Sex and Other

Drugs and
Rock 'n' Roll

Media and

Society (and

Politics and Other


Casual Fridays

Rantings and

In and Out:
Sex Advice from our Staff Dominatrix

Employee of the



Who We Are

Write for Us!

Invest in Anti-

Play Our Theme Song
by Simon Inns
(MP3 format; 1.5 MB download)

Donate to the Cause!

Truth is scarier than fiction


Inside the Shadow Government


by Ken Mondschein







Inside the Shadow Government
by Harry Helms
Feral House / 2003 / $12.95

One would think that a book titled Inside the Shadow Government, especially one coming from a publisher like Feral House, would be filled with black helicopters, UN takeovers of the United States' government, and references to alien autopsies in Area 54. Feral House (and, more specifically, its agent provocateur/guiding light Adam Parfrey) is known for its taste for the outré, putting up on stage the carnival sideshow that lies behind the façade of everyday reality—books that corporate publishing houses are too timid, or too concerned with making multi-million-dollar profits off the next Da Vinci Code, to bring to press. However, Feral House's catalogue, which Parfrey has admitted on more than one occasion is largely reflective of his own taste and interests, is Socrates in a carnie's clothing. For every necrophiliac and serial killer on display, there is a work that is shocking in a quieter, yet even more disturbing way.

So it is with Inside the Shadow Government. Harry Helms, an electronics expert who has published widely on both civilian and covert radio, comes across neither as a conspiracy theorist nor as a militia member holed up inside a Montana bunker, but as a serious thinker who has done his homework. This is a work of history, not wild speculation, for facts, after all, are more shocking, and frightening, than fiction. Helms carefully traces the history of the U.S. government's emergency backup plans: Their World War II inception, their growth during the Cold War, their procedures and facilities, and how they changed after September 11. Of the most concern is the government's plans for declaring martial law in case of widespread civil disturbance, taking over the media (more so, at least, than the corporations have already done), and arresting, or even killing, American civilians without due process (which has precedent with FDR's interment of Japanese-Americans during World War II, and which the recent protests in Miami have shown are all too likely to happen again). There are black helicopters and Area 54 references, all right—but Area 54 only serves to illustrate how the government can seize and control land at a whim, and the black helicopters' mission is to literally fly over the Fourth Amendment as they search for drugs.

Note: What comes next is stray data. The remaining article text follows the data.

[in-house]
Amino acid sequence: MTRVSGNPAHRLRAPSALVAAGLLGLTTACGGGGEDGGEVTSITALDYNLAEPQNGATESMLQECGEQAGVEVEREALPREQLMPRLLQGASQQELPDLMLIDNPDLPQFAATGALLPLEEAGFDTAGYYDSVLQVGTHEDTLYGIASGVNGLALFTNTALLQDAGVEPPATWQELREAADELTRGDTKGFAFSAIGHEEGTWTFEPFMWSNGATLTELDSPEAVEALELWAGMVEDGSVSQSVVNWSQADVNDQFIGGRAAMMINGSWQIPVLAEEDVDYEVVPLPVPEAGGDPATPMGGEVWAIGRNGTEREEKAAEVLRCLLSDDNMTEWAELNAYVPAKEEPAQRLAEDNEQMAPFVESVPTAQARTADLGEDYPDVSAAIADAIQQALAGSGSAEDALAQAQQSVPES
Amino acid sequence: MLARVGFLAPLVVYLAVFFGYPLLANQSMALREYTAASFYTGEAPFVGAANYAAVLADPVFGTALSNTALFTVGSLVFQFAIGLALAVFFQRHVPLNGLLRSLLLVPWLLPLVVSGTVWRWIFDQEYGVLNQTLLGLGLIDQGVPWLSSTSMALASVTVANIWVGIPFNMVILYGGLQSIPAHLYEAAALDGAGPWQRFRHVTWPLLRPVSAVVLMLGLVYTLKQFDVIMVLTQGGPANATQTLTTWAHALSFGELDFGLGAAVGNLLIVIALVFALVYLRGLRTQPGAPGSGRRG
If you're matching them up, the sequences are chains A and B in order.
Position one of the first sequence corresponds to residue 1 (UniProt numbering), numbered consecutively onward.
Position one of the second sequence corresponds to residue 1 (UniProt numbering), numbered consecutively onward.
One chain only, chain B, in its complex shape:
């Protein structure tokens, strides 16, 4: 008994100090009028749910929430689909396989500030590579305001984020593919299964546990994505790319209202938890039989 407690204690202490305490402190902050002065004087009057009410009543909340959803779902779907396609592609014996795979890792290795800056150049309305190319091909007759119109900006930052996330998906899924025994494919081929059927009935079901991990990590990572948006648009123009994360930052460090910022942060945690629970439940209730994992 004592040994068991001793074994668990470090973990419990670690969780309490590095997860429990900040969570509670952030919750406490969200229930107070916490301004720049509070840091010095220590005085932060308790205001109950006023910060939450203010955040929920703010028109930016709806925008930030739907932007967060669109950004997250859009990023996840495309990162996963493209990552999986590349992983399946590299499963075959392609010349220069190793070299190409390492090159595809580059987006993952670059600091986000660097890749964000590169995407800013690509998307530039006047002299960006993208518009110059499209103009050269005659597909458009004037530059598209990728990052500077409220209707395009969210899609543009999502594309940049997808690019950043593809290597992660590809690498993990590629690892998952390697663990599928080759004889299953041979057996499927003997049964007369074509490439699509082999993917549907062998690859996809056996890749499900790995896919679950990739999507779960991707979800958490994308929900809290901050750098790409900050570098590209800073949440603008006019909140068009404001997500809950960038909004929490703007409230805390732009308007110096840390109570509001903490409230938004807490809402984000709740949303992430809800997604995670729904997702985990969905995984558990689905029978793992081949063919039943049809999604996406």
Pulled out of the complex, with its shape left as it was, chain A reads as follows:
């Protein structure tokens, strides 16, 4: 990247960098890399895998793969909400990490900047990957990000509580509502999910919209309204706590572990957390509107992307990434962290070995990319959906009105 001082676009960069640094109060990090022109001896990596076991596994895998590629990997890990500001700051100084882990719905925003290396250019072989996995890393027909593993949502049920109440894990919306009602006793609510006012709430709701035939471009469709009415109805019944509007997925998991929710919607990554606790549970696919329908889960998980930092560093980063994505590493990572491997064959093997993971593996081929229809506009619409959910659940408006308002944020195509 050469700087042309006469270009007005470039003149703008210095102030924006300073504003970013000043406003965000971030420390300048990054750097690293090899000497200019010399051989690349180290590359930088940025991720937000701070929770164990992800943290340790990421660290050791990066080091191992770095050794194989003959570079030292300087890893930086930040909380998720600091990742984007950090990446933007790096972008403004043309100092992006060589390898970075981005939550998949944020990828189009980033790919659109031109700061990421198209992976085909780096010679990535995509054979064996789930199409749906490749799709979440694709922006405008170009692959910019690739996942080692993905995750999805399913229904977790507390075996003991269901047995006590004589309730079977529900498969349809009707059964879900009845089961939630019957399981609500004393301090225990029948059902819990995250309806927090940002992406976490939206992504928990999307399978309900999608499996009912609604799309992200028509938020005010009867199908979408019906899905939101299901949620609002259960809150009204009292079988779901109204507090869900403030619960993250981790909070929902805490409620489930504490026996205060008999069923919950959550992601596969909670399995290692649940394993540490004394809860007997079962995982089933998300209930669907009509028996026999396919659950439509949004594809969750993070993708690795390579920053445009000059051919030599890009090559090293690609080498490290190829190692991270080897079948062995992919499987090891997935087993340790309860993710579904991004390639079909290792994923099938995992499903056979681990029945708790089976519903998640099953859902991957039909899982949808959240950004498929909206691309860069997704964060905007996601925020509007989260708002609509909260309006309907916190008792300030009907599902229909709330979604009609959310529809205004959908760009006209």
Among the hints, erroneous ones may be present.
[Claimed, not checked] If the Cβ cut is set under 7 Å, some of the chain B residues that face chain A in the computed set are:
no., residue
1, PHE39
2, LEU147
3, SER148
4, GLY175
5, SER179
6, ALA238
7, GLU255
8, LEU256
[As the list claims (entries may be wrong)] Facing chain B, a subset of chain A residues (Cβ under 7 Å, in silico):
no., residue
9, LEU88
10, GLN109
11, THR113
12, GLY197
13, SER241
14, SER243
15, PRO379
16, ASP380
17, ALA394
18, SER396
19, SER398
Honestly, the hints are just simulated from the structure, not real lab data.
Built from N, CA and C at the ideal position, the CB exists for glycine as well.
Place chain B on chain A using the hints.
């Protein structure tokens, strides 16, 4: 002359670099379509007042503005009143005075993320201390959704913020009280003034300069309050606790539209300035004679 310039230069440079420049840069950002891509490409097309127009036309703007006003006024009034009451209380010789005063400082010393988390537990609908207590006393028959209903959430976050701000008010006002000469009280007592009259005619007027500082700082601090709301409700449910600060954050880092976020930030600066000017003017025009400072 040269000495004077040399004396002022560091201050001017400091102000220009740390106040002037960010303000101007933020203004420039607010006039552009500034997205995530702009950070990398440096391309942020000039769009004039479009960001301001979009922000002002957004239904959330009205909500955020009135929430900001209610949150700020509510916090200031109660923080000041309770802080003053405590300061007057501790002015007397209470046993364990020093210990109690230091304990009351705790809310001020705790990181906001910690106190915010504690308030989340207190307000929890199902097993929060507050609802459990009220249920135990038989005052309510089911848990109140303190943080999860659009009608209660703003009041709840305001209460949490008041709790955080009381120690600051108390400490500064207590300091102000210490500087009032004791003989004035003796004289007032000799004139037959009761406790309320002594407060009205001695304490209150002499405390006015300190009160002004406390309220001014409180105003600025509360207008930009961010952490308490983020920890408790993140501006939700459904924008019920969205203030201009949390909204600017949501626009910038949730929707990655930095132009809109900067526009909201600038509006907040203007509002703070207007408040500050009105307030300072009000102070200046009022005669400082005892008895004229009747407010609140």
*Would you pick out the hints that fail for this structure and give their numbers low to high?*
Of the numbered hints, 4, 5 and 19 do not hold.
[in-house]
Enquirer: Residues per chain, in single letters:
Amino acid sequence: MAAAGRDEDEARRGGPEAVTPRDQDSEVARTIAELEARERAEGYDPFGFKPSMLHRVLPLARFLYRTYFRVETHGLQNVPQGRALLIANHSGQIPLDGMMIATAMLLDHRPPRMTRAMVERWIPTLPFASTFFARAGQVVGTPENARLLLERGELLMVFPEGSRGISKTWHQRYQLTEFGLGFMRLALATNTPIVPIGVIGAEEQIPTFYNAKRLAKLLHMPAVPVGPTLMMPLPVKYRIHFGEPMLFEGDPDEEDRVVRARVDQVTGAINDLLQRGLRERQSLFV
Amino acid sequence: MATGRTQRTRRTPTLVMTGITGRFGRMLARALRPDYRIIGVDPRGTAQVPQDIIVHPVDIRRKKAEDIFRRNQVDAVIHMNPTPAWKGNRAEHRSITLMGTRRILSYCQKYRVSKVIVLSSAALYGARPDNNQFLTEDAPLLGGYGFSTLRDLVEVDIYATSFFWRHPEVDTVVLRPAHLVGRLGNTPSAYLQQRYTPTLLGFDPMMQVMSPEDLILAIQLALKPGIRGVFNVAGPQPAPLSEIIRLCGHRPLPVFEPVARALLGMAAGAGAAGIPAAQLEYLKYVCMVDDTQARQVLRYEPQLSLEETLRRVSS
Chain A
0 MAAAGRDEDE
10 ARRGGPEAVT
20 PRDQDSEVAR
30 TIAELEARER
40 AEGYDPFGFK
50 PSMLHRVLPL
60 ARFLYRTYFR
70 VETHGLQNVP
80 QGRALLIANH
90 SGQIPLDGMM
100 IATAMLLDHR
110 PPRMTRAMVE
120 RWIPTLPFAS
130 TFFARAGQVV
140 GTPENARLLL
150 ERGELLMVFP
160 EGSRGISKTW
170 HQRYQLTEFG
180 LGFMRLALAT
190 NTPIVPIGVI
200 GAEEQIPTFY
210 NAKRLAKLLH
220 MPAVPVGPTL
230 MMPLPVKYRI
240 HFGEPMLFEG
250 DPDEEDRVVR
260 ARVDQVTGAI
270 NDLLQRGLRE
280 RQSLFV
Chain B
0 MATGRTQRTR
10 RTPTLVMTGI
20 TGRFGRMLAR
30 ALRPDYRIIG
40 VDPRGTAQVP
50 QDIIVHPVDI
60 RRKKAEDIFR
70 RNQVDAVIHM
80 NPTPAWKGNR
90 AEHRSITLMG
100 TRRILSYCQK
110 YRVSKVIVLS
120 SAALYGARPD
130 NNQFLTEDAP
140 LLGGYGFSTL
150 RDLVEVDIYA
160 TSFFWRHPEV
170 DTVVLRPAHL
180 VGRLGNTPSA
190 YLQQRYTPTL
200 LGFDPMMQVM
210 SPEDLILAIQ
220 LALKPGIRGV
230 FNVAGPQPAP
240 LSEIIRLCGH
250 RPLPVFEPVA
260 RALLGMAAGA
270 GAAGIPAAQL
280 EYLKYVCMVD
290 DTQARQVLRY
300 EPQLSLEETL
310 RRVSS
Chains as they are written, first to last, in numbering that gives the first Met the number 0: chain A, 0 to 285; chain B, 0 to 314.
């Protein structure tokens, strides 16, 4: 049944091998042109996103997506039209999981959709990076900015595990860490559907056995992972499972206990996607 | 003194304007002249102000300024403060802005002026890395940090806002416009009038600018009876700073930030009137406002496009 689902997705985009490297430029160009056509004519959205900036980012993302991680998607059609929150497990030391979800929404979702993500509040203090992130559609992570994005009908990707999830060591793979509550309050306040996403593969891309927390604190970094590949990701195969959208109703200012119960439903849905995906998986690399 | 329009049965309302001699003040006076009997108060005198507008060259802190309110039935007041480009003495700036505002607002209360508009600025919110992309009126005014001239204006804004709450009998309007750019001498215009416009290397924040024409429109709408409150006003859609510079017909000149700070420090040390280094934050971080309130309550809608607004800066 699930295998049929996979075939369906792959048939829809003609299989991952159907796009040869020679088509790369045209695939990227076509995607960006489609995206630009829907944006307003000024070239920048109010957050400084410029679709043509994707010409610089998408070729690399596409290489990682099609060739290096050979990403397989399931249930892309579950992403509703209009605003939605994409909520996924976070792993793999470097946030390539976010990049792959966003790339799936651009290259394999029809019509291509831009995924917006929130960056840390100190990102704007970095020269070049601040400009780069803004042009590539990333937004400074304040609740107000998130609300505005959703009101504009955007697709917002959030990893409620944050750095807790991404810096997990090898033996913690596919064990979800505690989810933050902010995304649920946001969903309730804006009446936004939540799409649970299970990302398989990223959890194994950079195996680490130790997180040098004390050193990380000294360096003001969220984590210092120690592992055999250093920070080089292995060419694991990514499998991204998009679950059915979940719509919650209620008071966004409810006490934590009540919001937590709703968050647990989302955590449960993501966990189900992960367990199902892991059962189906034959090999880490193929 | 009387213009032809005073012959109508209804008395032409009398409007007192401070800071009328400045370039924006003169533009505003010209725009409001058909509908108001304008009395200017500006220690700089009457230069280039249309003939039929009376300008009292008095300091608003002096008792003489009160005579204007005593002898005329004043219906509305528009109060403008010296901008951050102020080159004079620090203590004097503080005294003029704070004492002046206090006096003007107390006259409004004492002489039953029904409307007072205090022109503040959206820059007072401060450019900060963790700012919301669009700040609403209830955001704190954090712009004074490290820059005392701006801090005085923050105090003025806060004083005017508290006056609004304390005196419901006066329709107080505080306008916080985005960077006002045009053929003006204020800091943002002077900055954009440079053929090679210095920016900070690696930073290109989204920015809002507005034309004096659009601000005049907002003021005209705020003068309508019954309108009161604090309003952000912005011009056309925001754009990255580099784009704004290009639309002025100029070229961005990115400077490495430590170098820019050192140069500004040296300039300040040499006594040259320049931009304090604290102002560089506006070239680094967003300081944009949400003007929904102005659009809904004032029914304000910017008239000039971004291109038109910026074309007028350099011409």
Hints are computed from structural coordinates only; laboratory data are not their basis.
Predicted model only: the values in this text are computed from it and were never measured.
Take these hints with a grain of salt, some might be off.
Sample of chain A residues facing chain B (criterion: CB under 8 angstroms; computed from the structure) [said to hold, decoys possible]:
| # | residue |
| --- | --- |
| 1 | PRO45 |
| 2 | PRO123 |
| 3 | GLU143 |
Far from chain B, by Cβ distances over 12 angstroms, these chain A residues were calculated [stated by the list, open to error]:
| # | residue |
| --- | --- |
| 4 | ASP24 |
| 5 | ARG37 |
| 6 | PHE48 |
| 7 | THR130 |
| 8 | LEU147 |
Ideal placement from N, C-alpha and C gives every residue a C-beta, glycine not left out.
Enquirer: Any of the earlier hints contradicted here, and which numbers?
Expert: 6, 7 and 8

All of this is publicly available information and reasonable reading between the lines—no Deep Throats here—but it is clearly laid out and organized into a coherent narrative, with both the possibilities and the balanced truths laid out. (For instance, military handbooks consider declaring martial law a very serious matter, and even during the L.A. Riots, when such a measure might have been justified, authororities were not swift to bring in the National Guard.) On the downside, though, Helms could have included a more comprehensive bibliography and list of sources—though the reprinting of key documents is a valuable addition.

It would have been easy to paint the concealed workings of power in our nation as some sinister, omnipotent force, but Helms avoids this trap. Rather, he shows it as the bumbling giant it is, with military patrols mistakenly shooting innocent civilians in their drug-interdiction sweeps and military units frightening inner-city neighborhoods, swooping in, guns blazing, in nighttime training exercises, the only forewarning the roar of low-flying helicopters. The questions Helms raises are as old as politics: Who will guard the guardians? And, in this age of with-us-or-against-us moral absolutes, how can we preserve our civil liberties?

In the end, Helms points out, the cloak-and-dagger methods of the Shadow Government were already in place on September 11, where they failed miserably. It was only the passengers of United Flight 93, who, informed of what their situation was, discussed matters amongst themselves and then decided to take action, who had any effect on the terrorists' plans. In a true democracy, the surest guarantee of security is an informed, activist population.

Click here to order Inside the Shadow Government from the Feral House Web site.



Informants write


Posted December 14, 2003 4:59 PM






Copyright 2001-2010
Powered by
Movable Type 3.33
Logo design by Molitorious